Sunday 24 July 2022

Ignatius Spencer - Father Ben Lodge CP - CTS Saints of the Isles

Ignatius Spencer
CTS Saints of the Isles
Father Ben Lodge C.P. 
Catholic Truth Society
ISBN 9781860823312
CTS Booklet B681

The CTS Saints of the Isles Series is one of my favourite series. I have tracked down what I believe to be all the books in the series, and this is my second last to read and review. Each of the books in the series is a biography. Most, like this one, are biographies of specific individuals.  Also most in the series are biographies of martyrs, but not this one. Over the last several years I have read over 300 books and booklets from the Catholic Truth Society. This was the fifteenth I have read in the Saints of the Isles Series since 2018, and several have been read more than once. I have also read many in the CTS Biographies and also Great Saints Series. There are many great stories about the lives of the saints. As mentioned, I believe I have a complete list of the volumes in this series. The description of the series is:

“The Saints of the Isles series brings together telling accounts of the extraordinary lives of men and women from the British Isles - lives of holiness, courage and true discipleship to Christ and the Gospel message.”

And the description of this specific book:

“An English aristocrat with a European view of the world, George Spencer left his Anglican rectory at Althorp, entered the Catholic Church, and then worked as parish priest in the Black Country.

His vocation let him to enter the Passionist Order taking the name Father Ignatius, and from there on spent his life working for the unity of all Christians.

Much of his work centred on Ireland where he argued that if the Irish prayed for their English oppressor, God would listen to their prayers.”

The chapters in this volume are:

     Early Life 
     The Continental Tour
Anglican Orders
     Another Tour
     Parish Priest
Becoming a Catholic
     Student Life
     Parish Priest
Secular Priest
     First Irish Tour
     Becoming a Religious
A Passionist
Apostolic Life
     Sisters of the Holy Family
The Man
     Hallmarks of the Spirituality of Ignatius

As someone who was raised Irish Catholic, I was taught in the family and school to hate the English and their oppression over hundreds of years. Reading this story and others in the series has opened my eyes to a vibrant, rich Catholic faith and tradition in England, and the Isles. This one specifically spoke to the bias I was raised with. It was a fascinating read from beginning to end. I highlighted many passages my first read through, and some of them are:

“The diary and letters weave a tapestry in which the life of an English nobleman can be seen struggling to find and follow the will of God. This struggle takes him from his comfortable living on the family estate at Althrop, through the towns and countries of Europe, encountering both the rich and the powerful, and the hopelessly poor. But it also presents a picture of an inner struggle between a man and his God, this struggle was to lead Spencer to risk losing his family as he gave up membership of the Anglican Church and became not just a papist, but a Roman priest.”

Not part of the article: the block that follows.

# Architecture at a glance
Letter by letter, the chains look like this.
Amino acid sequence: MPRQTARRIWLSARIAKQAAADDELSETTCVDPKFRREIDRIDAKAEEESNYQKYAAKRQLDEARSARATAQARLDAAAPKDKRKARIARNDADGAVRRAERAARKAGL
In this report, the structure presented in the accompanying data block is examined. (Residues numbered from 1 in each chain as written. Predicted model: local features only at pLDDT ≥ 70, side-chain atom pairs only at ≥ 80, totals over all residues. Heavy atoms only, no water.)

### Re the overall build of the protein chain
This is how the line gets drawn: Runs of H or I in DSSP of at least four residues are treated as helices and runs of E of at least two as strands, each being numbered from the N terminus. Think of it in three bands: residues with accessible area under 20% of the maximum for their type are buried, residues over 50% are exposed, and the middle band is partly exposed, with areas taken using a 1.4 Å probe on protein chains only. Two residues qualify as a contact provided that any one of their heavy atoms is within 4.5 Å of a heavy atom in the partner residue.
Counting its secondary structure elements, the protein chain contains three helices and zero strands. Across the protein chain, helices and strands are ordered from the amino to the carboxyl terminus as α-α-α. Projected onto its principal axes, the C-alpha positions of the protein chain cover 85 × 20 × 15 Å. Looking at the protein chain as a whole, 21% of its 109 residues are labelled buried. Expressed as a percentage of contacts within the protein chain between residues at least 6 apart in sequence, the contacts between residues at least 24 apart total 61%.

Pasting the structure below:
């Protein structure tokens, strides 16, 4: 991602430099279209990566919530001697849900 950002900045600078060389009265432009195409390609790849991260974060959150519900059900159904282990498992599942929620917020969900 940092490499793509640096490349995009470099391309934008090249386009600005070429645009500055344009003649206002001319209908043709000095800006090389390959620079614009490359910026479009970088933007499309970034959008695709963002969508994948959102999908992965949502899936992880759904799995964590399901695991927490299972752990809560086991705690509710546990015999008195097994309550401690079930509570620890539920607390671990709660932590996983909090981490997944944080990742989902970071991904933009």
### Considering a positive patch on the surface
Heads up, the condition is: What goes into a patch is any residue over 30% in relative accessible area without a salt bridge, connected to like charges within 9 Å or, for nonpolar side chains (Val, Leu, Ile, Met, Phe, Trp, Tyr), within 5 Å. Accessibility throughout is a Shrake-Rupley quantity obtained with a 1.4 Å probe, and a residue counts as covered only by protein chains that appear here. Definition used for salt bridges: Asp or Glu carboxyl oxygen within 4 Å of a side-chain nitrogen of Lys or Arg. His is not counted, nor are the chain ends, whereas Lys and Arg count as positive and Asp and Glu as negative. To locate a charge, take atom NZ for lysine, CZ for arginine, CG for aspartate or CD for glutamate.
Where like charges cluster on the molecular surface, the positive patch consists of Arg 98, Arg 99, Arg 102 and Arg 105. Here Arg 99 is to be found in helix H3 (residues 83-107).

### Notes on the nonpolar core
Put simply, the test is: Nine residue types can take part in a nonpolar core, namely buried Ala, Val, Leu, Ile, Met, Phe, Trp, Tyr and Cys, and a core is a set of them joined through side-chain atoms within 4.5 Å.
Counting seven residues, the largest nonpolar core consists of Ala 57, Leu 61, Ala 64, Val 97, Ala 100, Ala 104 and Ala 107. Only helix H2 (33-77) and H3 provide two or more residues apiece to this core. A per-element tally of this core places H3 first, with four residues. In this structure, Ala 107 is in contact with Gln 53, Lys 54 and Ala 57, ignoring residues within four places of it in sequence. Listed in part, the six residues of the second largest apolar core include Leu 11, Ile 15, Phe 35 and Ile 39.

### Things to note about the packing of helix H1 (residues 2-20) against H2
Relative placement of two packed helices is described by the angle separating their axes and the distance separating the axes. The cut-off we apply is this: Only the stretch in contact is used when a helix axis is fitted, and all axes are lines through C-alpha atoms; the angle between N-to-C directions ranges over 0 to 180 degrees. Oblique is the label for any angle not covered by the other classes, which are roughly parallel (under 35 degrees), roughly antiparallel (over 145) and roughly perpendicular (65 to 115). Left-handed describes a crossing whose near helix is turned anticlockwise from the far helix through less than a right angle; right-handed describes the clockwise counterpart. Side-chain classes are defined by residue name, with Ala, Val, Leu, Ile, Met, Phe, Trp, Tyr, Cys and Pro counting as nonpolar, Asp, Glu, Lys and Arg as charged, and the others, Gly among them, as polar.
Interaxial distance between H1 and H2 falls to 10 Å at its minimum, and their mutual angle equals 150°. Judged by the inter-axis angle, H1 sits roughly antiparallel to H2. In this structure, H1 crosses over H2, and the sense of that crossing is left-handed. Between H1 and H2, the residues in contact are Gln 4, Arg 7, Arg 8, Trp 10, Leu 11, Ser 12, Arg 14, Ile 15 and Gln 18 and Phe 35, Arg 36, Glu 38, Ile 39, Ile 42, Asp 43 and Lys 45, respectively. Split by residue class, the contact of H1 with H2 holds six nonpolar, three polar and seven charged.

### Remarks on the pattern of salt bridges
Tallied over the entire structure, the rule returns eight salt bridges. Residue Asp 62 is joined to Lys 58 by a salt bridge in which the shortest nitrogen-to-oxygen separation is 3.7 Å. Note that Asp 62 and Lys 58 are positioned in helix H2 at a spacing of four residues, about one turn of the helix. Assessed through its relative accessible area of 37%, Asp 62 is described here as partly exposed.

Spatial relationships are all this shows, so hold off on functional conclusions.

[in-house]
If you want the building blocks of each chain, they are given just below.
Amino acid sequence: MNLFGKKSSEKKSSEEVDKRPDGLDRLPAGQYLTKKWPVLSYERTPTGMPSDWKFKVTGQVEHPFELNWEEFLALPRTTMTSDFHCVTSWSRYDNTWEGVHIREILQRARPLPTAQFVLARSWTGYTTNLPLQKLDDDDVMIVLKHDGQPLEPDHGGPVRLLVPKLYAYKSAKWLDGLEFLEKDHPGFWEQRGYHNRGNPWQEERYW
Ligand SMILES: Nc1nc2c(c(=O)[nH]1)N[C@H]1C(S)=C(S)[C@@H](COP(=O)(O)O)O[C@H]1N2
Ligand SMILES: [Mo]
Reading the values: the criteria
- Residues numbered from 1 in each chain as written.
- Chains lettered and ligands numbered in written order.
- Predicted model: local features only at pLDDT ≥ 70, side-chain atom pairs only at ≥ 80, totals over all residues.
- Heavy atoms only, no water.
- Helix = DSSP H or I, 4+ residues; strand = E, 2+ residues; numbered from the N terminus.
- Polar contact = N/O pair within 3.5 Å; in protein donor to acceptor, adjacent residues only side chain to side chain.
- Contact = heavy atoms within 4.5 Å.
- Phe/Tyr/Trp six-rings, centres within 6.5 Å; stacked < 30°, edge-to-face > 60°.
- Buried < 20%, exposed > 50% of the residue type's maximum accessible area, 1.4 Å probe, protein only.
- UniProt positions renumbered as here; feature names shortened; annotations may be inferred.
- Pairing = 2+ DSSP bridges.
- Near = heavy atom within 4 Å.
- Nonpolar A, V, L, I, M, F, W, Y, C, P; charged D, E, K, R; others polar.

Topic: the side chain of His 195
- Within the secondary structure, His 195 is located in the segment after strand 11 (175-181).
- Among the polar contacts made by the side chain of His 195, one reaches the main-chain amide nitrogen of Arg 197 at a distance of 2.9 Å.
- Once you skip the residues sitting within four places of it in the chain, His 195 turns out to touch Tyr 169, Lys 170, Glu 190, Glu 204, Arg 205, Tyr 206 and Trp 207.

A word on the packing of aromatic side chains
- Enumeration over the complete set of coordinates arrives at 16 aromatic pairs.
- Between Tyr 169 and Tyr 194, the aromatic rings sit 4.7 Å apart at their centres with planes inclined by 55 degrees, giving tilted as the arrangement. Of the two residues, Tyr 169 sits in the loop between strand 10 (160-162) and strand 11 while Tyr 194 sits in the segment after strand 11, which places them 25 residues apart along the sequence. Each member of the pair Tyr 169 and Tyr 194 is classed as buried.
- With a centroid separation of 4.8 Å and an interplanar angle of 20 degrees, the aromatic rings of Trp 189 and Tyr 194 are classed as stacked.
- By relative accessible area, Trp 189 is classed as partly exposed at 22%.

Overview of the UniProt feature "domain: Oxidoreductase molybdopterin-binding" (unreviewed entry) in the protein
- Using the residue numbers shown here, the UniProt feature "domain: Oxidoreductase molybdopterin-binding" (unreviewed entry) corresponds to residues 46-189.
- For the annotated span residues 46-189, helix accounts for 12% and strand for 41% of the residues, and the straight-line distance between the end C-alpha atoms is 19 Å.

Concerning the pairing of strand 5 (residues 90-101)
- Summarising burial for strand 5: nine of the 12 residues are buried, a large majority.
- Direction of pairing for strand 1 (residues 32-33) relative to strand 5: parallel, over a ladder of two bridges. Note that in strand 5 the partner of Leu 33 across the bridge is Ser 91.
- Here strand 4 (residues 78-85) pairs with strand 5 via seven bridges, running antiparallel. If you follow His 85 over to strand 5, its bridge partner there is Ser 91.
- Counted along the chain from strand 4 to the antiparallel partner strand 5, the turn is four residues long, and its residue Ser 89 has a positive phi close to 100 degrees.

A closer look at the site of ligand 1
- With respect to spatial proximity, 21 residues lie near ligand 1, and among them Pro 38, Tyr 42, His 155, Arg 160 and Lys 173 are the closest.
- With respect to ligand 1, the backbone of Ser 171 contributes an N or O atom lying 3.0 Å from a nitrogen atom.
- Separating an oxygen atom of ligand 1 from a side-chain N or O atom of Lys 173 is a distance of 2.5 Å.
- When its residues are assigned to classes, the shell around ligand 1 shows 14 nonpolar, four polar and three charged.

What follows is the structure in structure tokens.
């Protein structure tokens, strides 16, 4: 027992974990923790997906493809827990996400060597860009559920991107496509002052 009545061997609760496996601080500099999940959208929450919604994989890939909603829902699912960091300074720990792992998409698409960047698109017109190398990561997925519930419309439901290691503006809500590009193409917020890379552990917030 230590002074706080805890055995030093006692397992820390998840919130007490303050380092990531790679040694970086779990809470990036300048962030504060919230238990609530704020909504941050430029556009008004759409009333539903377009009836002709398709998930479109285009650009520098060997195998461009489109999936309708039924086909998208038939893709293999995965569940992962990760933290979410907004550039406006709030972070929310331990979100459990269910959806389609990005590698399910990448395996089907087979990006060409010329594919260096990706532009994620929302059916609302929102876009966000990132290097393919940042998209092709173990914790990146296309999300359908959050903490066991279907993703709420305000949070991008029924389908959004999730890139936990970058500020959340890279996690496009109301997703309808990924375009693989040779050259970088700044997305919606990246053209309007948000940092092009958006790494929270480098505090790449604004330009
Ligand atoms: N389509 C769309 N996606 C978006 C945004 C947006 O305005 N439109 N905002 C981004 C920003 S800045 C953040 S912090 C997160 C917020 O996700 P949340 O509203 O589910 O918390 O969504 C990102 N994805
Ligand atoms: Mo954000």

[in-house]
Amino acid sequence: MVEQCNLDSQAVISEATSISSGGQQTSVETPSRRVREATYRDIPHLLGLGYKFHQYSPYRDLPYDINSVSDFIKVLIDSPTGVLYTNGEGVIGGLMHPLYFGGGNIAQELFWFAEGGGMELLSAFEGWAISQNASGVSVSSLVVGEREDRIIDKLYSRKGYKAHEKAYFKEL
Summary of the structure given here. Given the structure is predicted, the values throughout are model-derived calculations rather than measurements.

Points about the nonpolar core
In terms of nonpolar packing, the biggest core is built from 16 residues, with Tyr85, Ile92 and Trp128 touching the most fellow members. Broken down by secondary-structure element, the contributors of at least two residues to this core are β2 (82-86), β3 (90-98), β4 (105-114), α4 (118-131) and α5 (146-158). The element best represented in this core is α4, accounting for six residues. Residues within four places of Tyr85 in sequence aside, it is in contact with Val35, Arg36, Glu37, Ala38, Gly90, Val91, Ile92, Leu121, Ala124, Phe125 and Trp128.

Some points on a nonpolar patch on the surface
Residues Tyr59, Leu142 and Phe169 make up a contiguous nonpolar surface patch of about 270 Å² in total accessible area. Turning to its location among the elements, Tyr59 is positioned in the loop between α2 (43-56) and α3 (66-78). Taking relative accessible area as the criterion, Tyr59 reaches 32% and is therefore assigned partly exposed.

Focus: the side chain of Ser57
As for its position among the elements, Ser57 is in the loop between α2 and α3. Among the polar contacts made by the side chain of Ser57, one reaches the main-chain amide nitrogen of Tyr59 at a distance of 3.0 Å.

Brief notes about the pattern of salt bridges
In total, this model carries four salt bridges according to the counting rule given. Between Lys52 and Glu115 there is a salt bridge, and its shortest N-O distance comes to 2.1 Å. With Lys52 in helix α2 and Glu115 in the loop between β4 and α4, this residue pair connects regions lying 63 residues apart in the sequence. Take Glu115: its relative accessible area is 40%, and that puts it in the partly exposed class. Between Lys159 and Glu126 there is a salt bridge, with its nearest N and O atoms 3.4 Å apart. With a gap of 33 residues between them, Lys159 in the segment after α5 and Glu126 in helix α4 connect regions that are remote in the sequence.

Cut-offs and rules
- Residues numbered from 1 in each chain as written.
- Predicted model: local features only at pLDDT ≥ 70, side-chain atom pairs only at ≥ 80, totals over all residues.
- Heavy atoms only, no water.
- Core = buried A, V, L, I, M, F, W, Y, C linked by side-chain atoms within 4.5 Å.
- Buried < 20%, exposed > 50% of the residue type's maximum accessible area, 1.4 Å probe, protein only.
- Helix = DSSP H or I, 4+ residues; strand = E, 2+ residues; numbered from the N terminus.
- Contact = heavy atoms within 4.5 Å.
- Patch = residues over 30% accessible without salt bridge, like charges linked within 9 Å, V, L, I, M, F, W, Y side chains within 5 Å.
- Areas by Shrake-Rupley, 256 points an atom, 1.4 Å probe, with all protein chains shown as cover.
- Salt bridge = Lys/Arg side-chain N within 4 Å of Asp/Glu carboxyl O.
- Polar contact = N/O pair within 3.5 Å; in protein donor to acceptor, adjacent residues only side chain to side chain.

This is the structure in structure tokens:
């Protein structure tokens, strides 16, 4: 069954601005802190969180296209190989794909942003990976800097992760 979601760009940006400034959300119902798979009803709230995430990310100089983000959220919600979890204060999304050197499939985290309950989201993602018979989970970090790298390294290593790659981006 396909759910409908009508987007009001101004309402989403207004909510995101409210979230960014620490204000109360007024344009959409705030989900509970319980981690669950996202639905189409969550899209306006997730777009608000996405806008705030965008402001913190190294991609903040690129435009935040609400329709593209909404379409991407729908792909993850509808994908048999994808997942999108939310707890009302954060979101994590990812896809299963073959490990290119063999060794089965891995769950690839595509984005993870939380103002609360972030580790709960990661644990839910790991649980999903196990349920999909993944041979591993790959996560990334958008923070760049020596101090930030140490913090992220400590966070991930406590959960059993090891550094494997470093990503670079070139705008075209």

“The dominant one, as far as he was concerned was that he was given to periods of ‘melancholia’ or depression; this was especially true in his early years when he would try to avoid any form of social contact with others, but he in fact struggled with it all of his life.”

“He recognised that he was accepted by his classmates at the cost of giving up his devotions; he later admitted to his lack of courage in making a stand when they went out pilfering walnuts, turnips, ducks and chickens. He felt he had no friends to share with, and his faith in God had been sorely tried, and he claimed that for two years he did not pray.

To mark the end of his time at Cambridge, his parents decided to take George on the Continental Tour, and so in September 1819 they set off; this was to mark the beginning of his life-long passion for travel.”

“Despite journeying through Catholic countries like France, Italy, Sicily, and Austria George does not appear to have been influenced by any religious sights. He subsequently commented that he had not been brought up with any anti-Catholic feelings, ‘but though I knew nothing of what it was (i.e. Catholicism), I rested in the conviction that it was full of superstition and in fact, as good as no religion at all.’ His escape on Vesuvius certainly caused him to take stock of his life.”

“From the beginning, George’s pastoral commitment was evident to everyone. Day after day he went visiting through the villages and hamlets which made up his parish; he estimated he was responsible for 800 souls. He was constantly visiting the sick and the poor, and was seen to give away food, money and clothing- much to the alarm of his housekeeper.”

“In April 1827 George encountered his first Catholic priest Fr William Foley who was working around Northamptonshire. Foley proved to be a true friend and support, encouraging him to persevere with both his prayer and his studies. His Catholic contacts developed as he was introduced to Fr John Fletcher of Douai seminary who was chaplain to the Dowager Lady Throckmorton.”

“Towards the end of January 1830 George left Brington to stay for a week at Garendon park, with Ambrose Phillipps and several other Anglican and Catholic personalities. On January 28th, he had his last conference with Fr Caestryck at Holy Cross church is Leicester. By the following Sunday, George was received into the Catholic Church, and immediately wanted to go back to his flock in Brington and tell them of the errors of their ways!”